R I C H A R D A S H B Y W I L S O N
Final Comments
Making Rights Meaningful for Mayas
Reflections on Culture, Rights, and Power
T
his volume makes a valuable contribution to the debate on human rights
in the Maya region, especially in its inclusion of a variety of perspec-
tives on how human rights are appropriated, resisted, or just plain ignored
within Maya communities, and in the empirical detail it presents on how
Mayas strategize politically within broader relations of state power and
the international human rights framework. Uniquely, it combines the dis-
cussion of human rights among Mayas in both Chiapas and Guatemala,
whereas in the past these constituted two separate conversations. This is an
extremely important development that could change the field of Maya stud-
ies as we know it. Evaluating the impact of human rights across the Mayan
region allows deeper insights than focusing on one set of experiences alone,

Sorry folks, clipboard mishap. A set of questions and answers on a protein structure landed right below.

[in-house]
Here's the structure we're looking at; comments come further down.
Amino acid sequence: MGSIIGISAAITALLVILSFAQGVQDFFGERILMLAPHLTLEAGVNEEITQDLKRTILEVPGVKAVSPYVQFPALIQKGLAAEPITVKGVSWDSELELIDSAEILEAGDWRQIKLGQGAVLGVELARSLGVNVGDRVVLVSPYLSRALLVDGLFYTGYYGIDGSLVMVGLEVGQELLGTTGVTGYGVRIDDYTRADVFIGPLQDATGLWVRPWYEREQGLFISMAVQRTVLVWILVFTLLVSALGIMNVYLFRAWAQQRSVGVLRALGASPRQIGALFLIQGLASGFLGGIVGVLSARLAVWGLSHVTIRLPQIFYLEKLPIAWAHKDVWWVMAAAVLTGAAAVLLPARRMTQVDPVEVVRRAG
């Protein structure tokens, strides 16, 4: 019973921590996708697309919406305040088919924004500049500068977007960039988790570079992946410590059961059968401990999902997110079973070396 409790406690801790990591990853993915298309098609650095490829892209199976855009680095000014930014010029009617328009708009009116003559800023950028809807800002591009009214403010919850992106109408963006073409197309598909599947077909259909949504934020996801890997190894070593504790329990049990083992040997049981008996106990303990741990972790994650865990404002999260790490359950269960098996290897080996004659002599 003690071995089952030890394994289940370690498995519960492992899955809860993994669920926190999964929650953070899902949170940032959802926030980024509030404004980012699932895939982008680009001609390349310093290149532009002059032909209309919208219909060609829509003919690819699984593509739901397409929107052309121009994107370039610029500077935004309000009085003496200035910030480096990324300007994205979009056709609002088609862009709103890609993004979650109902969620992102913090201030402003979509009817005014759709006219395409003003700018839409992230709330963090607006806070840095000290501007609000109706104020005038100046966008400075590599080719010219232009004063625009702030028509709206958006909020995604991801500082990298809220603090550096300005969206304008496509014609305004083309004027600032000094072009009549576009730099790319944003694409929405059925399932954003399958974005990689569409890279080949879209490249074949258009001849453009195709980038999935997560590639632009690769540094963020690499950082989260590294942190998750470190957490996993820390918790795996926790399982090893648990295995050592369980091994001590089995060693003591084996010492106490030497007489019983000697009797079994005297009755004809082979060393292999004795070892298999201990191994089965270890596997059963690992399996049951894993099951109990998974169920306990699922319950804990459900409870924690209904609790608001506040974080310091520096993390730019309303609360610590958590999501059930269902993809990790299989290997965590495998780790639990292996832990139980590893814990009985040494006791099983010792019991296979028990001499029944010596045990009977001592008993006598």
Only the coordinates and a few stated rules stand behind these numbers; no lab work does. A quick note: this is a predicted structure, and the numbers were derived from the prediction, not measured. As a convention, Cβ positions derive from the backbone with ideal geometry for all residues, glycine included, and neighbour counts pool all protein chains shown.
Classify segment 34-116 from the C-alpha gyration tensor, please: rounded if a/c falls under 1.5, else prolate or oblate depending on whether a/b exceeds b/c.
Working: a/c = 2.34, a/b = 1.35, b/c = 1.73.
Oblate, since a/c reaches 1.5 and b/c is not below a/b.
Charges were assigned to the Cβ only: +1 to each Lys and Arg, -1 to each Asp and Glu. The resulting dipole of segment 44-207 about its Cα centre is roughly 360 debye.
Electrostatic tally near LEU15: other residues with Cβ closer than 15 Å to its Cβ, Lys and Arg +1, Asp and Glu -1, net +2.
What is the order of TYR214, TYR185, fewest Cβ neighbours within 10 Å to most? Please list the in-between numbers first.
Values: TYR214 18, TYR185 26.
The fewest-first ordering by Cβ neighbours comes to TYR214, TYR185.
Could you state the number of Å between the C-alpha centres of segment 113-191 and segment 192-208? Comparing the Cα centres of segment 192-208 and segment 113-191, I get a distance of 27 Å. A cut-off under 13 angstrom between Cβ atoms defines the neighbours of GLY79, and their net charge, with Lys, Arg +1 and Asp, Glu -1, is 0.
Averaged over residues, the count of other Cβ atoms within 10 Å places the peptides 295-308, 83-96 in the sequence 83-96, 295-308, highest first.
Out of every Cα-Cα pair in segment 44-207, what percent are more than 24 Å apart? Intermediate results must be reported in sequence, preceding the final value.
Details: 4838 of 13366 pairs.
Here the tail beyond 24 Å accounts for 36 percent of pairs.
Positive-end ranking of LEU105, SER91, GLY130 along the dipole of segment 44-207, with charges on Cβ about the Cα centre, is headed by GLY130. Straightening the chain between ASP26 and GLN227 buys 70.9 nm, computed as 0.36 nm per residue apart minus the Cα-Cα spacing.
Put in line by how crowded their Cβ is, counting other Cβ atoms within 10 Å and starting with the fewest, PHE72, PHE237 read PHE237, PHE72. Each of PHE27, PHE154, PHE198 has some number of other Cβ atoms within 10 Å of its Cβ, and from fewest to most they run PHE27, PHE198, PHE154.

especially given the historic exchanges of political ideas between Mexican
and Guatemalan Maya groups. The fact that social analysts have come to
think in this way is a result of the concrete political interactions in the 1980s
and 1990s between Mayas in Chiapas and tens of thousands of displaced
Mayas from the war in Guatemala. It is also a consequence of the similarities
in the more long-term experiences of marginality and social exclusion of
Mayas in both Mexico and Guatemala.
The volume contains an admirable historical depth in its analysis of
thirty years of human rights movements, from their origins in the teachings
of the liberation theology of the 1970s, to the quest for democratization and
accountability in the 1980s, to the language of indigenous rights in the
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